This image of HMS Neptune with Table Mountain in the background says a lot about the South African naval personnel seconded to serve on Royal Navy vessels and their supreme sacrifice.
As Simonstown was a British naval base during the Second World War thousands of naval ratings and officers who volunteered to serve in the South African Navy – known as the South African Navy Forces – landed up on British vessels. So when one was sunk, as HMS Neptune was, inevitably there is a very long honour roll of South Africans. Read on for their story.
HMS Neptune was a Leander-class light cruiser commissioned into the Royal Navy on 12 February 1934 with the pennant number “20”.
HMS Neptune at sea in her heyday.
Force K, operating in the Mediterranean, including HMS Neptune, was sent out on 18 December 1941, to intercept an Axis forces convoy (German and Italian) bound for Tripoli,
On the night of 19 – 20 December, HMS Neptune, leading the line, struck two mines, part of a newly laid Italian minefield. The first struck the anti-mine screen, causing no damage. The second struck the bow hull. The other cruisers present, HMS Aurora and HMS Penelope, also struck mines.
While reversing out of the minefield, Neptune struck a third mine, which took off her propellers and left her dead in the water. HMS Aurora was unable to render assistance as she was already down to 10 knots (19 km/h) and needed to turn back to Malta. HMS Penelope was also unable to assist.
The destroyers HMS Kandahar and HMS Lively were sent into the minefield to attempt a tow. The former struck a mine and began drifting. Neptune then signalled for Lively to keep clear. (Kandahar was later evacuated and torpedoed by the destroyer Jaguar, to prevent her capture.)
Neptune hit a fourth mine and quickly capsized, killing 737 crew members. The other 30 initially survived the sinking but they too died. As a result, only one was still alive when their carley float was picked up five days later by the Italian torpedo boat Achille Papa.
The loss of HMS Neptune was the second most substantial loss of life suffered by the Royal Navy in the whole of the Mediterranean campaign, and ranks among the heaviest crew losses experienced in any naval theatre of World War II.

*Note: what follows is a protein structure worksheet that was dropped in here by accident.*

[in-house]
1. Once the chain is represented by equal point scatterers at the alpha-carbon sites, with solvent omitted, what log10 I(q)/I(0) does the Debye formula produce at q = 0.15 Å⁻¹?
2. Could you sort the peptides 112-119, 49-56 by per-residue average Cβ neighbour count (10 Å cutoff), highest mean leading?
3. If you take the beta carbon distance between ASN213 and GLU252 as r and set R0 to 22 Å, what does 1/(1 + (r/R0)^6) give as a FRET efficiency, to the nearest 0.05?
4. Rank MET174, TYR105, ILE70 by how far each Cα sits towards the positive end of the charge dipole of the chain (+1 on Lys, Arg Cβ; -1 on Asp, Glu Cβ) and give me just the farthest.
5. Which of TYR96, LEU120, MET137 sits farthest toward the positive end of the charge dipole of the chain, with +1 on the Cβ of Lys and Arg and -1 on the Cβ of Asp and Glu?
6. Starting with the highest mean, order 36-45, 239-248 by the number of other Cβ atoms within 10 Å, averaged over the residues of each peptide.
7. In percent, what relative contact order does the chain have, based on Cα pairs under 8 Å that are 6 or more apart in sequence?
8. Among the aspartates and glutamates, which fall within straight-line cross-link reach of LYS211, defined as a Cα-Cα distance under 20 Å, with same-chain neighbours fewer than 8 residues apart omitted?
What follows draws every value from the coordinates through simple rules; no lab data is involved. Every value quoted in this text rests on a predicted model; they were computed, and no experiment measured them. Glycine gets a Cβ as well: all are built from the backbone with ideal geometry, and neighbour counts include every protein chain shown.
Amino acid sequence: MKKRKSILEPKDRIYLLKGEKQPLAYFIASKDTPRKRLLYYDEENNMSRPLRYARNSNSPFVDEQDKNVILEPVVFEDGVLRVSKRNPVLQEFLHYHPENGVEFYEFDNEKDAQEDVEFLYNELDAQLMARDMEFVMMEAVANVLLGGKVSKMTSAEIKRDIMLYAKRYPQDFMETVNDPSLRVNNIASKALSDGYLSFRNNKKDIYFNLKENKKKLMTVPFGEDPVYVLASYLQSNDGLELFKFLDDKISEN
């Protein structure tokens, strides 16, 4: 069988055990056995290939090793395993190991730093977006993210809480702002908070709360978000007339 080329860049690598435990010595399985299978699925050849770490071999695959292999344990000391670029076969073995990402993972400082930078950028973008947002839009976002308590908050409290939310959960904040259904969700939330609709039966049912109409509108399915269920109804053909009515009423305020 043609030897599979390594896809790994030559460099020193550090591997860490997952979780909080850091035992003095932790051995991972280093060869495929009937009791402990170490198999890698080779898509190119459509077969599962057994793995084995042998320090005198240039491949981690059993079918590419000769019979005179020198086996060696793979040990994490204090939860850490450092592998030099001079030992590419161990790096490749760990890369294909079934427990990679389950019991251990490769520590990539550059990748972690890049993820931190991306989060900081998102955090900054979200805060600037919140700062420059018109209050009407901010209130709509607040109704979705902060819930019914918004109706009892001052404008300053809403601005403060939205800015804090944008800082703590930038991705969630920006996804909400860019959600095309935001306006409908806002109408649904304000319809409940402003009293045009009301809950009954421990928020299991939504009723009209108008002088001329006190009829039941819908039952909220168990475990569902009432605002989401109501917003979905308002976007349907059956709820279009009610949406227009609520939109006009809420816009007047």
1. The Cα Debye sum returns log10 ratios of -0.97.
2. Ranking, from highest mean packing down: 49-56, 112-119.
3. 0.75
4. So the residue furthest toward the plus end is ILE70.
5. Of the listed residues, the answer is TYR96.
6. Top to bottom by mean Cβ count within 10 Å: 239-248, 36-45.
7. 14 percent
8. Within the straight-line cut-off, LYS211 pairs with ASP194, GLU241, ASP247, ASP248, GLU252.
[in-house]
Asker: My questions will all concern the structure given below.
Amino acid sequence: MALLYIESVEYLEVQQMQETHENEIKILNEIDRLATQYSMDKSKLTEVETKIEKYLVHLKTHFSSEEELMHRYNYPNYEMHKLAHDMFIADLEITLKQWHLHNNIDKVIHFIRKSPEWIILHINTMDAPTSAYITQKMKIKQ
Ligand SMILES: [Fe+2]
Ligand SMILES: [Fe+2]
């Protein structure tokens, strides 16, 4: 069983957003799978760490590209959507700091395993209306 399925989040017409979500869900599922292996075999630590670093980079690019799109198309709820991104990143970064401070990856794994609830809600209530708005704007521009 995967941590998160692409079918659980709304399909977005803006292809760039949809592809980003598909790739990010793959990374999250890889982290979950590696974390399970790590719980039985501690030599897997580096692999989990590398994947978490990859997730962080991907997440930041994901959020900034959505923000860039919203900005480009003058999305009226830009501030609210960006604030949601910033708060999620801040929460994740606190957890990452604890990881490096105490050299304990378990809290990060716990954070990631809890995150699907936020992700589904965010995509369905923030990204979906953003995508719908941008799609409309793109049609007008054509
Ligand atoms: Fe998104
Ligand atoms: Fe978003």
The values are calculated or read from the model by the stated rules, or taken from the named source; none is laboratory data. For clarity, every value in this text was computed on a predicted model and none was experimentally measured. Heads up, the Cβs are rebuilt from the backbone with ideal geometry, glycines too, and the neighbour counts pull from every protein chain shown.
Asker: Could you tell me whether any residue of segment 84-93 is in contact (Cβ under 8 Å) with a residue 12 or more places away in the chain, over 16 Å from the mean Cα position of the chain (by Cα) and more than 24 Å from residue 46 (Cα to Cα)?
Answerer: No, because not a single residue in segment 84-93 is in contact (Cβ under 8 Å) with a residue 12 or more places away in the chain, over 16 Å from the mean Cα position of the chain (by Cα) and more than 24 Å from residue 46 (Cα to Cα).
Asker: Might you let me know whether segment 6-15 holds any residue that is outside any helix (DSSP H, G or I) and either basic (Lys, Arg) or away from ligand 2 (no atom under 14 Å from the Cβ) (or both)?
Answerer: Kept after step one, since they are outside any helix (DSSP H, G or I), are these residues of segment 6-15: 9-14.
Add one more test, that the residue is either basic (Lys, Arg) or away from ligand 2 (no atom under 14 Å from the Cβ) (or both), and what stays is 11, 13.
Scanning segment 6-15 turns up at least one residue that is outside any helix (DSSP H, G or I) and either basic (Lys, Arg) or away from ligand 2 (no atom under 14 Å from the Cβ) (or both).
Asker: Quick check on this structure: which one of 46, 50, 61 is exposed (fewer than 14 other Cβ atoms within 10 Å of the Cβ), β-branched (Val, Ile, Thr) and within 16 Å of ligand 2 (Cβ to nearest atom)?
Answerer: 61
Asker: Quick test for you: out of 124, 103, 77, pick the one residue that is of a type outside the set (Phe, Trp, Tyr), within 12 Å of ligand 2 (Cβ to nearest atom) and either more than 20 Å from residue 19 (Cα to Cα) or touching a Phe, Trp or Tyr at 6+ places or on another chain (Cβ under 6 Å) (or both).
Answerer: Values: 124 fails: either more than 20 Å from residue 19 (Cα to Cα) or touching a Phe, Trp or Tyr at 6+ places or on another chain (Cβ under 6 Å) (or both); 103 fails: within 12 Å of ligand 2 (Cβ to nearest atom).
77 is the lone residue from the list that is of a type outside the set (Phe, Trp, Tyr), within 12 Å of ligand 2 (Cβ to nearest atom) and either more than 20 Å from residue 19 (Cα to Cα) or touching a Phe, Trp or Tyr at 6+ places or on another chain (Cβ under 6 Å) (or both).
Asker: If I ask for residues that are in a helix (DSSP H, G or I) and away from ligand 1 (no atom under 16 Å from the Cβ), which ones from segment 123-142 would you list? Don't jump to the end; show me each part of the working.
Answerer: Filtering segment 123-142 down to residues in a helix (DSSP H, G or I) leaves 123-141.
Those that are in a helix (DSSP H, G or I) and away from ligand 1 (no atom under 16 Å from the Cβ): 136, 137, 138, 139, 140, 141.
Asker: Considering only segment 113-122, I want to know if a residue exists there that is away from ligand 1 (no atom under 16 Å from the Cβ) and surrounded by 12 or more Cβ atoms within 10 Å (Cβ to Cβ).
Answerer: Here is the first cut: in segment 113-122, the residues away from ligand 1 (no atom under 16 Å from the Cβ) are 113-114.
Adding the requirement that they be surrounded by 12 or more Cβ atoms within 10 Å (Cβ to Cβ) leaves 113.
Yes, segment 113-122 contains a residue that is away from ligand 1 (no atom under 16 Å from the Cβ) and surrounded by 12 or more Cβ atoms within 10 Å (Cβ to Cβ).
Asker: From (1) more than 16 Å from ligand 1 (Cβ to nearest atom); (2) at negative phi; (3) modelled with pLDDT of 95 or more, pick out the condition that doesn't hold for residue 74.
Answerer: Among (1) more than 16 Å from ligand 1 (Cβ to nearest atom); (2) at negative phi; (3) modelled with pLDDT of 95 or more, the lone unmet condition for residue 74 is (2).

The Royal Marine band on the jetty by the stern of HMS Neptune at Simon’s Town in July 1940
This is the honour roll of South Africans lost that day lest we forget the heroism and sacrifice of these brave South African men.
ADAMS, Thomas A, Able Seaman, 67953 (SANF), MPK
CALDER, Frank T, Ordinary Seaman, 67971 (SANF), MPK
CAMPBELL, Roy M, Able Seaman, 67318 (SANF), MPK
DIXON, Serfas, Able Seaman, 67743 (SANF), MPK
FEW, Jim, Able Seaman, 67744 (SANF), MPK
HAINES, Eric G, Able Seaman, 67697 (SANF), MPK
HOOK, Aubrey C, Able Seaman, 67862 (SANF), MPK
HOWARD, Harold D, Signalman, 67289 (SANF), MPK
HUBBARD, Wallace S, Able Seaman, 67960 (SANF), MPK
KEMACK, Brian N, Signalman, 67883 (SANF), MPK
MERRYWEATHER, John, Able Seaman, 67952 (SANF), MPK
MEYRICK, Walter, Ordinary Signalman, 68155 (SANF), MPK
MORRIS, Rodney, Ordinary Signalman, 68596 (SANF), MPK
RANKIN, Cecil R, Signalman, 67879 (SANF), MPK
THORP, Edward C, Signalman, 67852 (SANF), MPK
THORPE, Francis D, Able Seaman, 67462 (SANF), MPK
WILD, Ernest A, Able Seaman, 67929 (SANF), MPK
Other South Africans who had enlisted into the Royal Navy were also lost, these include (and by no means is this list definitive) the following:
OOSTERBERG, Leslie W, Stoker 1c, D/KX 96383, MPK
TOWNSEND, Henry C, Stoker 1c, D/KX 95146, MPK
May they Rest in Peace, these brave men whose duty is now done.
Researched by Peter Dickens, Sources – Wikipedia. Casualty Lists of the Royal Navy and Dominion Navies, World War 2 by Don Kindell
Great post Peter. Six of the Neptune crew came from East London. Missing in the above list is Stoker First Class Henry Charles Townsend of the the Royal Navy who also came from this city. The HMS Neptune Association has a very active administrator and an informative website.
I have included his name, thank you for the additional information Alan.
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I was recently sent some letters written by a great uncle, Kenneth Posgate, who was RAF but on the HMS Neptune. First in Gibraltar and later (1936) at Kiel Canal, the crew of where they went to Berlin to watch the Olympics. They were alongside the Graf Spee. The Germans said they were like a ‘bag of old rasor blades.’
He then comments that the Ajax and Achilles are the Neptune’s sister ships! Karma!